Poets seem to surround themselves with entropy. For a poet to close off his mind is to make him exist in a closed system, to make himself a prisoner of his own design. Any system that does not receive new ideas, new materials, will suffer from entropy. As you know, entropy is when a system falls apart from the lack on energy to sustain it. It goes from order to chaos. I’m sure if you read works of poets who do not like to hear constrictive criticism of their work, you will find that it gets more and more chaotic with time. This could be the same theme through most of the works. The tone of the poem can get lighter, fluffier, or go the other way, becoming darker in both humor and subject. Poets can avoid entropy by doing what they claim to do: open themselves up to the world, bare their soul to the good and bad.

    Not all of these modern poems are for me. Shoshauna Shy wrote Bringing My Son to the Police Station to be Fingerprinted (Collins, 17). Her poem has zero punctuation, making it seem like a run on sentence. It is chaos. Part of my resentment comes from others forcing me to read something a certain way. If you have to force me to read your poem a certain way to get the message across, I think you’re a bad writer, and an even worse poet. It is one thing to do a sonnet or haiku formatted poem, but another to free verse it like one huge run on sentence. Shortly I must write my own collection of poems. We will see how it goes.

    1. Kelsey

      I have to agree with you, I don’t usually enjoy all the hidden messages and meanings in poetry. I like to feel like I know what I am reading or that there is a purpose to it. However, since the poetry pack assignments, I have been pushing my comfort zone a little and finding that it is sometimes a little interesting to guess around at what the meaning is or find different meanings in different ways of reading. However, I think I’m still a fiction and non-fiction kind of girl.

  5. Kelsey

    I was not immediately drawn into T.S. Eliot’s “The Love Song of J. Alfred Prufrock.” I found myself just skimming over the words and guessing at what the poem was supposed to be about. It wasn’t until the very last line “Till human voices wake us, and we drown” that I felt interested and went back and re-read the whole poem. It took a couple of times reading through it before I felt like I had a decent understanding of what Eliot was saying in this poem.

    Judging by the title, this poem is a series of thoughts as told by J. Alfred Prufrock, who is narrating his own thoughts. The title calls it a love song, but it seemed a bit depressing and self-deprecating to me. Prufrock seems very insecure and talks about how people will think his hair is thinning and his arms and legs are too skinny. It also doesn’t sound like he is actually in love with the woman, because in some parts of the poem it doesn’t seem like he has met her yet and is working up the courage to talk to her, such as when he keeps asking himself, “Do I dare, do I dare?” However, there is a lot of the poem where it sounds like they are together, and planning their lives together, such as when he describes the scenery of the city streets and places they will go together.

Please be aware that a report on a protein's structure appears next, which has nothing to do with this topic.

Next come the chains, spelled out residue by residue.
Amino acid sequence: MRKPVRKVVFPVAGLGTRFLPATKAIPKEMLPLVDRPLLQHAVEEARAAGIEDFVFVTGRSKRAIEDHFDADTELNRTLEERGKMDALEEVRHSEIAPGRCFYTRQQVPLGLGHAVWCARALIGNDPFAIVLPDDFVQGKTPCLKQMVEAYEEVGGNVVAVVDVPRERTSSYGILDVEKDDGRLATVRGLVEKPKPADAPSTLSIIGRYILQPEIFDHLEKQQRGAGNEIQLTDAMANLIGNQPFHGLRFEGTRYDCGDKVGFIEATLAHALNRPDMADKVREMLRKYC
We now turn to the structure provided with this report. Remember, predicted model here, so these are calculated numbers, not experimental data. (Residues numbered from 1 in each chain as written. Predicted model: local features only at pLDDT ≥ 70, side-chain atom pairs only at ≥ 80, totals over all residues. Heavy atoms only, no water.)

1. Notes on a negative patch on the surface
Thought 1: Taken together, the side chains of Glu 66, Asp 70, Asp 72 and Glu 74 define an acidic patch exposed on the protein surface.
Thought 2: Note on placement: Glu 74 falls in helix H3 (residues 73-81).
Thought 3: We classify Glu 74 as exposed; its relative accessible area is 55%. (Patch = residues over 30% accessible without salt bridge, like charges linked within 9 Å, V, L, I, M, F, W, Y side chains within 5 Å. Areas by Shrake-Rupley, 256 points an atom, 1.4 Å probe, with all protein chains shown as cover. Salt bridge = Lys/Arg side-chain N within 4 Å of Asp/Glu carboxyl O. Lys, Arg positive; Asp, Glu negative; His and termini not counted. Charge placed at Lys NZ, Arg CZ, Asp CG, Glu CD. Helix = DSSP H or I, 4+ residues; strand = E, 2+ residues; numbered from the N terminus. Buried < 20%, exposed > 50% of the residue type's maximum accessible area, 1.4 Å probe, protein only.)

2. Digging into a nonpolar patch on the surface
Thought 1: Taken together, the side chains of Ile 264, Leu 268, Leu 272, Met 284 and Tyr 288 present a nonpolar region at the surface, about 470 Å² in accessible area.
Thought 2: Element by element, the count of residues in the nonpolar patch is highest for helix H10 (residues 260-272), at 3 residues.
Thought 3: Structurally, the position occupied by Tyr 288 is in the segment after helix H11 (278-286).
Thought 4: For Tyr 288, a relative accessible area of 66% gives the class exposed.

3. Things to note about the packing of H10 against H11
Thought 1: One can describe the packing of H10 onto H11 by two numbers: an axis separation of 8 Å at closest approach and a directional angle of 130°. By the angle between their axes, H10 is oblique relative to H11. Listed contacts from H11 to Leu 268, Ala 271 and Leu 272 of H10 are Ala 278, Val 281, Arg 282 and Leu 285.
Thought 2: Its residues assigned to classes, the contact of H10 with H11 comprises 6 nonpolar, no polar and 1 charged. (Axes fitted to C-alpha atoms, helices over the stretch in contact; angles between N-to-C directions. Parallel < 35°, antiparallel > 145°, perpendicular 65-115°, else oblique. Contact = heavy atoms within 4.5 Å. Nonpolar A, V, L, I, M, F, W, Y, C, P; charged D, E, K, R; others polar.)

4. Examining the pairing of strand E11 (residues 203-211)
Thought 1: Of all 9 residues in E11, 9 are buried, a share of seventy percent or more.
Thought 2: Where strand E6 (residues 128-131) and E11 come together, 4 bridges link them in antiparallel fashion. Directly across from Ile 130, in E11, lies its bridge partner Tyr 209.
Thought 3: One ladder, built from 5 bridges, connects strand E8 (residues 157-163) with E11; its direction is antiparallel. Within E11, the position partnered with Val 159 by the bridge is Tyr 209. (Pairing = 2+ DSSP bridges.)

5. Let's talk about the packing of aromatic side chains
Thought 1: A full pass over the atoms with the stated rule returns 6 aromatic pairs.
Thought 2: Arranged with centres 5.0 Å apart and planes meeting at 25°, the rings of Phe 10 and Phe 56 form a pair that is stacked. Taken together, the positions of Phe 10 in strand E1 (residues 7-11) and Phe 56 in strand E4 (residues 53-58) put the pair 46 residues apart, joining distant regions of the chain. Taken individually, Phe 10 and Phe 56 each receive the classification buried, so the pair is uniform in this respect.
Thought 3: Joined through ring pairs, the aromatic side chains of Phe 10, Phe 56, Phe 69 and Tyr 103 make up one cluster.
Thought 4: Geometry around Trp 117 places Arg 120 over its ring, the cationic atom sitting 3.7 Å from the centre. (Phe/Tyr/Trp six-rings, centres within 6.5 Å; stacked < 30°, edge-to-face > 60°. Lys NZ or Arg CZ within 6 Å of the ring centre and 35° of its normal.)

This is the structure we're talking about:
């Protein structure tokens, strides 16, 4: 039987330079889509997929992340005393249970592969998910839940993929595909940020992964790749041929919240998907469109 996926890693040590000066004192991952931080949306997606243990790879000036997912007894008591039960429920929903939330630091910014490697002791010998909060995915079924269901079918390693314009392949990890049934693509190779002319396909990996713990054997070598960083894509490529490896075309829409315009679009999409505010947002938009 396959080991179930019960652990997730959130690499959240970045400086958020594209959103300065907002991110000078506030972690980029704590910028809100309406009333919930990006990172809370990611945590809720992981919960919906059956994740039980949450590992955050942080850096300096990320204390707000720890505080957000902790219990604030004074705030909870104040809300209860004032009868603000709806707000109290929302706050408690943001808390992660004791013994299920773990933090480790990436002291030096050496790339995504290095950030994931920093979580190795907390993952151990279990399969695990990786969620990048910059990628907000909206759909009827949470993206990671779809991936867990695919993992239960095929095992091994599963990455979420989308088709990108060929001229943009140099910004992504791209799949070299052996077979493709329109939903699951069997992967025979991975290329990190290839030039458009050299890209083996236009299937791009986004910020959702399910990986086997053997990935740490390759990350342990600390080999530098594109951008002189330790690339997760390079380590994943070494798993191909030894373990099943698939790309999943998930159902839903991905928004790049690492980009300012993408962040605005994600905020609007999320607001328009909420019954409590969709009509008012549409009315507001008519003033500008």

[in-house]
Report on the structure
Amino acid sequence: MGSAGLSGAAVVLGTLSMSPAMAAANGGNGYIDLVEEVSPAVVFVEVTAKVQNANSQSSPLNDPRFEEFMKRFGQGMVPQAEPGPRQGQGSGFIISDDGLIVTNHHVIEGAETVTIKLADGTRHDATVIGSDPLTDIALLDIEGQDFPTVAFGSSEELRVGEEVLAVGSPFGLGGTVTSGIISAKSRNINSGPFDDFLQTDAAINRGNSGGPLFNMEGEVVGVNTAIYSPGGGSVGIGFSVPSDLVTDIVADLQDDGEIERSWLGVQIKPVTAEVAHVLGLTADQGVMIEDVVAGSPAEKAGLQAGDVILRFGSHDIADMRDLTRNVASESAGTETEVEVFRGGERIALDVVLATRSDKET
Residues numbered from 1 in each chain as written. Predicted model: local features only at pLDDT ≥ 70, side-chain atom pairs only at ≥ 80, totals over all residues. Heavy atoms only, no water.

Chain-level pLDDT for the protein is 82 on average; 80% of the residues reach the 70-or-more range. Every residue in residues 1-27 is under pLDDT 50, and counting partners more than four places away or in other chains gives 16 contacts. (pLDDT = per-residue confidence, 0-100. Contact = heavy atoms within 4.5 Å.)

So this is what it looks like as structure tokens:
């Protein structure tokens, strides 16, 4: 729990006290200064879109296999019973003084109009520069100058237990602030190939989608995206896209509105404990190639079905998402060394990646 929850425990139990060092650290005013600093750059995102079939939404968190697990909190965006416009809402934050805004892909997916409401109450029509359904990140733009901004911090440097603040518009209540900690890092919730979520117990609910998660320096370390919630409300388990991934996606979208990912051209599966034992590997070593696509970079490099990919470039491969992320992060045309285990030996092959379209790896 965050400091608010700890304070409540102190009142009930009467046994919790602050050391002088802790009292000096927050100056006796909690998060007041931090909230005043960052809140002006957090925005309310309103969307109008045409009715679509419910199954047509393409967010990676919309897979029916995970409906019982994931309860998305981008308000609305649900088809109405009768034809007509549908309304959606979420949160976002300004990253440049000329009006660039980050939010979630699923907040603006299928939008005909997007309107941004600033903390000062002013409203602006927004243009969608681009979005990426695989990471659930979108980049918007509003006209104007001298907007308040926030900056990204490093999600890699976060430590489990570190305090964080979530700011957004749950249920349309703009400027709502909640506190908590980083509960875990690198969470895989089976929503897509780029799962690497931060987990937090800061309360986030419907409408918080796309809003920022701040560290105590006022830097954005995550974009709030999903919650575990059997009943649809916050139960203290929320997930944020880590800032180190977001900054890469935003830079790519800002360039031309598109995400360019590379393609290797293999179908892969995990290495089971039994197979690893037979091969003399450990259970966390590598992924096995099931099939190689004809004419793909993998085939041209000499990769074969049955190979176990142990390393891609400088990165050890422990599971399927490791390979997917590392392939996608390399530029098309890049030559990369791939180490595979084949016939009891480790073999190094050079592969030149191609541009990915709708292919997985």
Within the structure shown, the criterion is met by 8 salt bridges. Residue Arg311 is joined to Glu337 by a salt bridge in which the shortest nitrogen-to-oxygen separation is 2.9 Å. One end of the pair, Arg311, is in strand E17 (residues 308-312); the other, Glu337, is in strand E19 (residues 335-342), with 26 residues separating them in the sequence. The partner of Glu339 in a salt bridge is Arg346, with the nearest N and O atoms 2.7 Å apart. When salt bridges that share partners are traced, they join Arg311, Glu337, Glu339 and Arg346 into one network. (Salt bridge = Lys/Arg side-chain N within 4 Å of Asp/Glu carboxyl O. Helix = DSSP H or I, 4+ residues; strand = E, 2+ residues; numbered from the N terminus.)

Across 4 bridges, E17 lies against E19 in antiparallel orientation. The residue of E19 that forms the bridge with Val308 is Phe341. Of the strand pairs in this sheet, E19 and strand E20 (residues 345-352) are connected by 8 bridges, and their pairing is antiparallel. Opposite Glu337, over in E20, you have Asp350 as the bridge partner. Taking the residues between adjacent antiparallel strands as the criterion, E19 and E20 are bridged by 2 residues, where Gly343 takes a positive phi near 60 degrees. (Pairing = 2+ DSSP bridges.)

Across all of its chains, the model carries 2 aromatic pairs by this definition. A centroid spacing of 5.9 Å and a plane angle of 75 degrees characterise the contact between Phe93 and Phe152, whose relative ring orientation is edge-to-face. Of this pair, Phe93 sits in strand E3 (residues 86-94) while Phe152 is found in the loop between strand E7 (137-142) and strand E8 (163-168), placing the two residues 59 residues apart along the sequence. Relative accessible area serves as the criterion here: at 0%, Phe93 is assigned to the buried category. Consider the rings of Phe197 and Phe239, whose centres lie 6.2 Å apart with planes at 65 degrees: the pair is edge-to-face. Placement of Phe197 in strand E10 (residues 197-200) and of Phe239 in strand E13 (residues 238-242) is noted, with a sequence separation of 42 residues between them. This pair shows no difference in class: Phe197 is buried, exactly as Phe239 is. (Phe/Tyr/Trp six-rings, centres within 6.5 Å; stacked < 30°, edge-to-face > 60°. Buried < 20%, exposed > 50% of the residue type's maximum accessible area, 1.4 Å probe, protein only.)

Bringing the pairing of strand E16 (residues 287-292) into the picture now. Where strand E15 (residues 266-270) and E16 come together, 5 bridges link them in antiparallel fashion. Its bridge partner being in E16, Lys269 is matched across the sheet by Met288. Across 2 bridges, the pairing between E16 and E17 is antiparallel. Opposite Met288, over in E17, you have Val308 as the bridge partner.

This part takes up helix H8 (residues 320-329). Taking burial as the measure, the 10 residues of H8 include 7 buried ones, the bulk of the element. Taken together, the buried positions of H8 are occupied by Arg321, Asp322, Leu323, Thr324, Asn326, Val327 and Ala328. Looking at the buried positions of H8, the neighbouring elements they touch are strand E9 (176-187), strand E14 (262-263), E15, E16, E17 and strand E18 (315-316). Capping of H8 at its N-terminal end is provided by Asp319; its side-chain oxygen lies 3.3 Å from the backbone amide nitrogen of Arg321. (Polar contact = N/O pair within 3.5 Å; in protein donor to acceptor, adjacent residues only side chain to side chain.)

It’s clear that Prufrock is a very nervous person, and very worried about what other people think. He mentions being concerned that people will make fun of the way he looks and think that he is not good enough for his beloved. He also talks about feeling like he is being pinned to the wall and examined. He talks about being nervous around women in general and how he is very aware of their bare arms and perfume. He spends a lot of time focusing on what he would say and if he would have the courage to say it, and how if he does, would all of it even be worth it? I think poems like these definitely contribute to the stereotypical idea of the “tortured poet.” He wrote all of this down, and spent such time finding the perfect rhyming words, all over just the idea of talking to a woman he likes. The realist in me screams, “if you would have just went over and asked her out then we would all know if it was worth it after all!” I like that he writes from a place of nervousness though, I think most everyone can relate to that and identify with the level of anxiety he is describing. It is also comforting, in a weird way, to know that people felt that way even back in 1915, so my neurotic anxiety is nothing new to this world. Ha! I also appreciate that he did take the time to find a way to describe beautiful scenery and imagery to match his feelings.

    1. Courtney Kisner

      I liked that you saw a lot of positives to his writing style. I agree, the way he spoke through his emotions was something for the reader to relate to. I was a bit confused with many of the analogies he was making, though I am beginning to think that was his way of dancing around his direct thoughts. I agree, he did seem like a very anxious man, and very self-deprecating. It’s sad that he feels he didn’t live as full of a life as he would have liked. Great take on the poem!

    2. swaring2

      Although there were numerous references to Prufrock’s appearance, I didn’t tie in the concern he had of others opinion about his appearance. I think this was a strong point to share! I agree with you in the poem felt dreadful in the beginning, but was actually kind of enjoyable to dissect. Had there not been an emphasis on scenery and a more clear indication of relationship near the end, I don’t believe most of us would have found the end.